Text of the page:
Mother hopes 9-yr-old daughter's gender change will help others in Ecuador

Wednesday, 12 December 2018 18:17 GMT

Spectators gather in Plaza Santo Domingo for a concert as part of commemorations of the anniversary of the founding of Ecuador’s capital city, in Quito, Ecuador, December 5, 2018. Photo taken December 5, 2018. REUTERS/Will Dunham

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Amada, who was born a boy, has been granted a new set of official documents marked female and with her chosen name by the Quito registry office

By Oscar Lopez

MEXICO CITY, Dec 12 (Openly) - The mother of a nine-year-old girl believed to be the first child in Ecuador to get official recognition for a gender change said she hoped this would set a precedent for other transgender youngsters.

Amada, who was born a boy, has been granted a new set of official documents marked female and with her chosen name by the Quito registry office in what LGBT+ activists described as a first for the South American country.

This followed a court battle that ended in October when a judge overturned a registry office decision from January that denied Amada the right to legally change her name and gender.

The move came at a time when many countries are being urged to review laws on when a child can choose their own gender.

Amada's mother, Lorena Bonilla, said she hoped her daughter's victory would help in Ecuador forward where she has set up the Love and Strength Foundation with her husband to help other trans children.

"This is a precedent," Bonilla told the Thomson Reuters Foundation in a telephone interview from Quito.

"More than a document, the fact that families are talking about this issue, that's what's important."

Human rights activists hailed the move as a major step forward for Ecuador's LGBT+ community, which continues to face legal hurdles in the socially conservative country.

Although Ecuador decriminalised homosexuality 21 years ago, gay marriage is still illegal although civil unions have been recognized since 2008. Same-sex adoption is not allowed.

Ecuador is one of three nations - along with Brazil and Malta - to ban so-called gay conversion therapy, according to the International Lesbian, Gay, Bisexual, Trans and Intersex Association, but campaigners say such clinics still exist.

Amada, who LGBT+ activists say is the first child in Ecuador to get an officially-recognised gender change. HANDOUT/Fundación Amor y Fortaleza


Diane Rodriguez, president of the Ecuadorian Federation of LGBTI Organizations and the first trans woman elected to Ecuador's National Assembly, said Amada's gender change was an "incredibly important moment" for the future of her community.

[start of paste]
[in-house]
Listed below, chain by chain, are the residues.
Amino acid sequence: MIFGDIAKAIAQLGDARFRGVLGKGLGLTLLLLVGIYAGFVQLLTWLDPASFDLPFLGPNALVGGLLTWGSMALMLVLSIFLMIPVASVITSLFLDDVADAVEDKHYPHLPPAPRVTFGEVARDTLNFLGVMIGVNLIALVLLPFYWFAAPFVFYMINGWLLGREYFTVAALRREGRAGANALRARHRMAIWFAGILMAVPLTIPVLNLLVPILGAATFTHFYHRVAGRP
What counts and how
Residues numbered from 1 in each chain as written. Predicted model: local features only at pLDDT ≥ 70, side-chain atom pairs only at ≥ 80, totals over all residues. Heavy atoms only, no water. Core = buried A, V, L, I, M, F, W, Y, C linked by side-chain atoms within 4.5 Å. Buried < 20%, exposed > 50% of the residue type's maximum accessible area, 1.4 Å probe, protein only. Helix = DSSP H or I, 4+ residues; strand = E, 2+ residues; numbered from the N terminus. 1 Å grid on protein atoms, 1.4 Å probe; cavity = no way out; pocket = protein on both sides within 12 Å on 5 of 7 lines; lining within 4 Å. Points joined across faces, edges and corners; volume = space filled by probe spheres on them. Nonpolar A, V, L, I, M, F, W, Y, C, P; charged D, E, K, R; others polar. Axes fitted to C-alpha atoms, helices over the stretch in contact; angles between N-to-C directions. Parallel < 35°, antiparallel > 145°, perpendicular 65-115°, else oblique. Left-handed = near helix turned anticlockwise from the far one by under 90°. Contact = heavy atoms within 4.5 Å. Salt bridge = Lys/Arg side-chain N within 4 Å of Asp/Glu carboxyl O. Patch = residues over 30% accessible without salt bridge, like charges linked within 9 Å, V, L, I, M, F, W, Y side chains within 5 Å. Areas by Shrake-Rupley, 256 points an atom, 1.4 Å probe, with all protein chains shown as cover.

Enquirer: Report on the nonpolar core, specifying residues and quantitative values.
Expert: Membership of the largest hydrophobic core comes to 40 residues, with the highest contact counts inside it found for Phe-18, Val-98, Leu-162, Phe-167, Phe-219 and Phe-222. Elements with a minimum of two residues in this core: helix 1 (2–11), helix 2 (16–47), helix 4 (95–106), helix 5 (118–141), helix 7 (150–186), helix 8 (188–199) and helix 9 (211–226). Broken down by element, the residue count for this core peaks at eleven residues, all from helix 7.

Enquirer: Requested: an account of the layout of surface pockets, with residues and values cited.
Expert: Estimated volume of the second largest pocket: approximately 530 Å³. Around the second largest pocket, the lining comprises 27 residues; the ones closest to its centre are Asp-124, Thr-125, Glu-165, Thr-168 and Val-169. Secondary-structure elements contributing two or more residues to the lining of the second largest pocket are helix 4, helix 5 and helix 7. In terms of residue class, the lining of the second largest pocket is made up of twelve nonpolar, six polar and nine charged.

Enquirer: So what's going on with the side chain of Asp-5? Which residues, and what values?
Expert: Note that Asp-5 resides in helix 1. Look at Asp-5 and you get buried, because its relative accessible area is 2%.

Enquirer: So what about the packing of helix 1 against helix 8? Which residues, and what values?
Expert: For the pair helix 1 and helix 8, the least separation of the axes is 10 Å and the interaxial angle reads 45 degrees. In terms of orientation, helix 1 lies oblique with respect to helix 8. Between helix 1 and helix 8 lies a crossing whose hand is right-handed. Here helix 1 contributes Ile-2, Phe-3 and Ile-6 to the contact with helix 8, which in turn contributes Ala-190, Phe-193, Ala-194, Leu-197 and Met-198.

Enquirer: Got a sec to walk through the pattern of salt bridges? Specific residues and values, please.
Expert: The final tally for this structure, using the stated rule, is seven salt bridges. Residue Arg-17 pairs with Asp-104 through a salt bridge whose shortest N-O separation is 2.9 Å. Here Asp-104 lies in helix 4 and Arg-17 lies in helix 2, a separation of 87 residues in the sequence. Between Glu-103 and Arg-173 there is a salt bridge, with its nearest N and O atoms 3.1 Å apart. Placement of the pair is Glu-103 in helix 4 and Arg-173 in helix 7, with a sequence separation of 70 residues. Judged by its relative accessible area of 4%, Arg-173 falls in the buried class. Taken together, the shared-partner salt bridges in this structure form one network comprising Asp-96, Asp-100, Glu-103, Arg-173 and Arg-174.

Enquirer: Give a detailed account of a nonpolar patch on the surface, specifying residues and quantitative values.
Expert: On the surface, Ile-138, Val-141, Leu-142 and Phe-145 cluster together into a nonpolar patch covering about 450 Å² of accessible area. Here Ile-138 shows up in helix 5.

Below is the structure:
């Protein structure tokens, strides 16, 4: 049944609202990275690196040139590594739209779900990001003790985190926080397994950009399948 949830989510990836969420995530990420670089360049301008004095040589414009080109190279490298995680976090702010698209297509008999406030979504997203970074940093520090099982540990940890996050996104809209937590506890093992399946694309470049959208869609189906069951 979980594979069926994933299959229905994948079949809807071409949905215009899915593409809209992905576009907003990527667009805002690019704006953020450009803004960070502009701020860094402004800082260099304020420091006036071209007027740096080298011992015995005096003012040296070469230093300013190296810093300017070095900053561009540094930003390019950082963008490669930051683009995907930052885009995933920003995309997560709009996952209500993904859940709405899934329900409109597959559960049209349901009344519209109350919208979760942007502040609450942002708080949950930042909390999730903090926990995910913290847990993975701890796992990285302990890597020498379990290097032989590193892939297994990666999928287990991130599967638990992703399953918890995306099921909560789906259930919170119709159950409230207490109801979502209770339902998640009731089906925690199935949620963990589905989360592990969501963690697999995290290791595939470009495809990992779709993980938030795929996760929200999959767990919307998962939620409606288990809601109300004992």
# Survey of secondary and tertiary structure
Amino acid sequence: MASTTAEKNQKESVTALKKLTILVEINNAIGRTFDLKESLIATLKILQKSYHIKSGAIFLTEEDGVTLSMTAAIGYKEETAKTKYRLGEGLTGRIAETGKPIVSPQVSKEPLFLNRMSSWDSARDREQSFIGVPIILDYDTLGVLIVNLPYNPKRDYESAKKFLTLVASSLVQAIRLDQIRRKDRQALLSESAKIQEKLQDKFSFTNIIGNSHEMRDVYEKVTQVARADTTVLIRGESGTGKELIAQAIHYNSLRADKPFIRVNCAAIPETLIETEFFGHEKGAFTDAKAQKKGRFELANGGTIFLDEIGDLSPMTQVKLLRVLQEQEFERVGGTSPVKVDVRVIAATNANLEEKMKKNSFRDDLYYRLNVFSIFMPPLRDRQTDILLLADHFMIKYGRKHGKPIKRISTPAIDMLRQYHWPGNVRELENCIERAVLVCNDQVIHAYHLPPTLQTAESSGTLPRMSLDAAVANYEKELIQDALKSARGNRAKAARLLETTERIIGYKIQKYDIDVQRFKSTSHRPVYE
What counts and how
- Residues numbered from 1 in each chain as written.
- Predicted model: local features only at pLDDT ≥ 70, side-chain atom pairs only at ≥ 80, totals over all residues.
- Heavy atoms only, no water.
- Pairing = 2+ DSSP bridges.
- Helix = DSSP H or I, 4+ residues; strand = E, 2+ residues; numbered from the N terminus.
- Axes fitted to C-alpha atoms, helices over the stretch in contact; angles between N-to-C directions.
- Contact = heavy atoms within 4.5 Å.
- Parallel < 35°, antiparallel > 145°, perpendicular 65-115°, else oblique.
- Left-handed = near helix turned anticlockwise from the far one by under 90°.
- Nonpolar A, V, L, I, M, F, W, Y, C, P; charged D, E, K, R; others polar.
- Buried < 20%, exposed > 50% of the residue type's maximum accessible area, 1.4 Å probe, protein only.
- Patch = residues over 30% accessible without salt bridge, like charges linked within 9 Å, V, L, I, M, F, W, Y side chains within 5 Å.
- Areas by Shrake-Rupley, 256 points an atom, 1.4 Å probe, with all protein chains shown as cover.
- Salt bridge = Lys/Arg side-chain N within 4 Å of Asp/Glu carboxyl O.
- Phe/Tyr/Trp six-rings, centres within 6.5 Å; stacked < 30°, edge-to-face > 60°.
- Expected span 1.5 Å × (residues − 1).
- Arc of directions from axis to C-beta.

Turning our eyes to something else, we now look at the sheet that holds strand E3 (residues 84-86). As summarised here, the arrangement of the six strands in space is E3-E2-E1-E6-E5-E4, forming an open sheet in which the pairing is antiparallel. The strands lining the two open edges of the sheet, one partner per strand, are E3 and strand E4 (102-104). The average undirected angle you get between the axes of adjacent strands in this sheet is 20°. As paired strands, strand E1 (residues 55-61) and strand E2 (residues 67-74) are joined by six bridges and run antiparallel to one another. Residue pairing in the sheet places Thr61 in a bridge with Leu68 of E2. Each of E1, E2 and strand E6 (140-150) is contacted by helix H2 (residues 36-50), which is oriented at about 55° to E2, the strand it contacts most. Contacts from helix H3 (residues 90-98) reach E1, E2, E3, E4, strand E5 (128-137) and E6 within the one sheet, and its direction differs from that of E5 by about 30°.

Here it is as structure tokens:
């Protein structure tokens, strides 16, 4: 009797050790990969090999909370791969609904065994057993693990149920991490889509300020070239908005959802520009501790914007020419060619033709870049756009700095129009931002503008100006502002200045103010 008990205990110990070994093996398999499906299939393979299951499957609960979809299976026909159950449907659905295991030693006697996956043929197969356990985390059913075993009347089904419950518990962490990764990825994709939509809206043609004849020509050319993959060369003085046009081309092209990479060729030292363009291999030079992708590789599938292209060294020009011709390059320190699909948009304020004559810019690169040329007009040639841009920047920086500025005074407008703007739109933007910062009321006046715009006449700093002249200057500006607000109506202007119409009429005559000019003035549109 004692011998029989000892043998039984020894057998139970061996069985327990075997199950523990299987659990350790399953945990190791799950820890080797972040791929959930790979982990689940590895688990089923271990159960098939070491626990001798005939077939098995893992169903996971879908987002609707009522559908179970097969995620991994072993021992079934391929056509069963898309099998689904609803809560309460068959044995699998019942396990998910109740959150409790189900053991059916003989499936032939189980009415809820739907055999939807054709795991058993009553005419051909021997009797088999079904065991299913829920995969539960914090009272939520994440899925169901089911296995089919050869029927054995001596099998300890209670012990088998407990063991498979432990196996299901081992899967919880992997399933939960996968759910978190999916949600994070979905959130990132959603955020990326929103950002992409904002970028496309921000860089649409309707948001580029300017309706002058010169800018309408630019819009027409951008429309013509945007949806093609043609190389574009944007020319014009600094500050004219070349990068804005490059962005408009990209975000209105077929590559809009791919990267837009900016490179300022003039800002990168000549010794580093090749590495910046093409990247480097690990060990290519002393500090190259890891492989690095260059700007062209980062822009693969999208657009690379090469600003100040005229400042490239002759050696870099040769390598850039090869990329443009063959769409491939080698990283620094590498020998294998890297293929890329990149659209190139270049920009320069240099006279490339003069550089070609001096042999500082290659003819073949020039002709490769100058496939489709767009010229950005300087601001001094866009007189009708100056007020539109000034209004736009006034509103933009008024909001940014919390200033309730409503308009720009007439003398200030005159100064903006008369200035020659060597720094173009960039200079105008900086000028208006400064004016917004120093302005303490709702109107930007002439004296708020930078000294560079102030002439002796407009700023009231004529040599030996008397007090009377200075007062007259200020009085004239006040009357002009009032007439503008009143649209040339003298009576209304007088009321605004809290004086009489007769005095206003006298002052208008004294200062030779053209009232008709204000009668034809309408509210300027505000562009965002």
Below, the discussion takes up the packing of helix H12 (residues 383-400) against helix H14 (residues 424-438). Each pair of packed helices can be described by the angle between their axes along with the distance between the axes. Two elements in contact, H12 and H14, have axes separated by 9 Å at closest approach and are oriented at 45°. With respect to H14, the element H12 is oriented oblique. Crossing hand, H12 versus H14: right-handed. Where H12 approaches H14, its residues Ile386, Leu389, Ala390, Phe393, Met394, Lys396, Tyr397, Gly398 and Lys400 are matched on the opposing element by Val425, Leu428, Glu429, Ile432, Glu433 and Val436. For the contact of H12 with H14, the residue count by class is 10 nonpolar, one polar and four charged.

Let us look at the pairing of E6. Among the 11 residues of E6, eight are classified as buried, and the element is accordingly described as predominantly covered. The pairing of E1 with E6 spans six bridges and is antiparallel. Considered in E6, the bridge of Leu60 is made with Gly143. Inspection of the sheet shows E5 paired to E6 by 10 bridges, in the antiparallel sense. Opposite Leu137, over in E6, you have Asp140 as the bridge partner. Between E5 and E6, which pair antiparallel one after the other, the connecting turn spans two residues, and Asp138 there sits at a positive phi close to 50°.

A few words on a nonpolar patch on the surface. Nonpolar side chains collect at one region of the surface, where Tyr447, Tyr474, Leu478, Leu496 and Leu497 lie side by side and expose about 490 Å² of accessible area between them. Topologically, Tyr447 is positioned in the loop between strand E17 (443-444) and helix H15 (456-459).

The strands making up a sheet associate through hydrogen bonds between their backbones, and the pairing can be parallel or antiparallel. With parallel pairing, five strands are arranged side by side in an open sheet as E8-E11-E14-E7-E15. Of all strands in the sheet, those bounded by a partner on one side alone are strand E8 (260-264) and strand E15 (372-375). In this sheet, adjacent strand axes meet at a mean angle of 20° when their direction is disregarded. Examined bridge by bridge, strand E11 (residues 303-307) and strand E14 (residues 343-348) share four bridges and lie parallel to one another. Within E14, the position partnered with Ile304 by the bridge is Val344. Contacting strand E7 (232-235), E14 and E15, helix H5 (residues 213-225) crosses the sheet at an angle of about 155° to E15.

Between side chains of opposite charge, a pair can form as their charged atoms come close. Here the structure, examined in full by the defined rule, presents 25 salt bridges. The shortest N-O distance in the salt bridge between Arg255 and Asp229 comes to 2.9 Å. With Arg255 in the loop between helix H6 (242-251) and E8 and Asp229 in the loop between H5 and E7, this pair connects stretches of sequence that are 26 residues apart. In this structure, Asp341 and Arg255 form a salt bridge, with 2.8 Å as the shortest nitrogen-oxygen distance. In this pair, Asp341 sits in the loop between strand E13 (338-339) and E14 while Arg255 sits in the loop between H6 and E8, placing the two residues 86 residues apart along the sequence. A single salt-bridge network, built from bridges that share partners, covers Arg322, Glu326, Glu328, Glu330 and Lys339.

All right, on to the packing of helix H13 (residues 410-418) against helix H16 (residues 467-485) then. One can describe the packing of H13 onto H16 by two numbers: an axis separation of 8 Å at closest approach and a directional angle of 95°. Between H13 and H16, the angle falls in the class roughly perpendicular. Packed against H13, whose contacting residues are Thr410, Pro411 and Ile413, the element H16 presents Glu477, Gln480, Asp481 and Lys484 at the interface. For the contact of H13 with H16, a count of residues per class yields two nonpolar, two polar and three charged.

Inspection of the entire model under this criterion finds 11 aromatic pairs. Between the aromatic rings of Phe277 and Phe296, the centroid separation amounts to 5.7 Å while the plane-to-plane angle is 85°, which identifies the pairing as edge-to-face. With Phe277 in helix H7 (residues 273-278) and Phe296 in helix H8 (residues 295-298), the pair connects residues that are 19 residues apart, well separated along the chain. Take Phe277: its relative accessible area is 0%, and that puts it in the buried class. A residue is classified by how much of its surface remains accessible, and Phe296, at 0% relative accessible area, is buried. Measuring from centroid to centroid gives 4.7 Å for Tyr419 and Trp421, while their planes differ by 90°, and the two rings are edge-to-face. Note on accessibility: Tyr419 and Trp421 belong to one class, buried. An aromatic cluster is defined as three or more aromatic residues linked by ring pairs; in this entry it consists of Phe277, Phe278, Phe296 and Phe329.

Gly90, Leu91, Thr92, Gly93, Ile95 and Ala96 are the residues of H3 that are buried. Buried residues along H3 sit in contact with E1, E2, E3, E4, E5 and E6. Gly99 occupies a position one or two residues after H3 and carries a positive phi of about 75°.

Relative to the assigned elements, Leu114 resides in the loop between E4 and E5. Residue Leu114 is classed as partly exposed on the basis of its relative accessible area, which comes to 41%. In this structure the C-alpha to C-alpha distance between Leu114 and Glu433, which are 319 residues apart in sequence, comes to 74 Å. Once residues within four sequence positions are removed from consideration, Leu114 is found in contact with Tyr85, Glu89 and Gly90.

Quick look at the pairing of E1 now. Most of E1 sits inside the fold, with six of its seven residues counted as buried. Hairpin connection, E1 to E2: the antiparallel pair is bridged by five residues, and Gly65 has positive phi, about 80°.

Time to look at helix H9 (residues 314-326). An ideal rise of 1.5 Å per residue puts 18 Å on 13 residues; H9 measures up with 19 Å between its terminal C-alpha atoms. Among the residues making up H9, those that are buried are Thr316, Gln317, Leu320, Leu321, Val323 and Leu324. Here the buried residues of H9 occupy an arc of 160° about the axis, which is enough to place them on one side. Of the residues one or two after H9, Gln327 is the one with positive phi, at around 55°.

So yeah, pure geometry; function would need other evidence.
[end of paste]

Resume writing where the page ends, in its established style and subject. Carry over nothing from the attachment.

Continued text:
"It represents a visionary future where we can dream that our future generations won't suffer what transgender people like me, and others in my generation have suffered," she said.

Prior to Amada's case, transgender Ecuadorians had to wait until the age of 18 to officially change their gender according to a 2015 law that recognised the right of trans people to alter their name and gender on identification documents.

But the rights of transgender children have recently gained attention in the region after Chile approved a law in September letting people aged 14 change their gender in official records.

Bonilla said 14 was too late to allow recognition for many trans children as she accepted her child was a girl at age six.

"It should be from eight or six years old because that's when a person has formed their gender identity," she said.

She said there was still a lack of understanding in Ecuador about transgender people which led to ongoing discrimination and violence. Watchdog Trans Murder Monitoring said 28 transgender people were killed in Ecuador between 2008 and 2016.

Last year one Christian group called Con Mis Hijos No Te Metes - translated as Don't Mess with My Kids - organised a protest against teaching gender studies in school.

Bonilla said when Amada first came out as trans, some psychologists suggested she be placed in a psychiatric facility, and she was turned away by 14 different colleges.

"There is still a lot of pain ... a lot of ignorance," said Bonilla, but added the fight for her daughter was worth it.

"She said 'Mommy, I finally have something that says my name'. That's when you realize why these kinds of documents are so important."

(Reporting by Oscar Lopez @oscarlopezgib; Editing by Belinda Goldsmith Please credit the Thomson Reuters Foundation, the charitable arm of Thomson Reuters, that covers humanitarian news, women's and LGBT+ rights, human trafficking, property rights, and climate change. Visit

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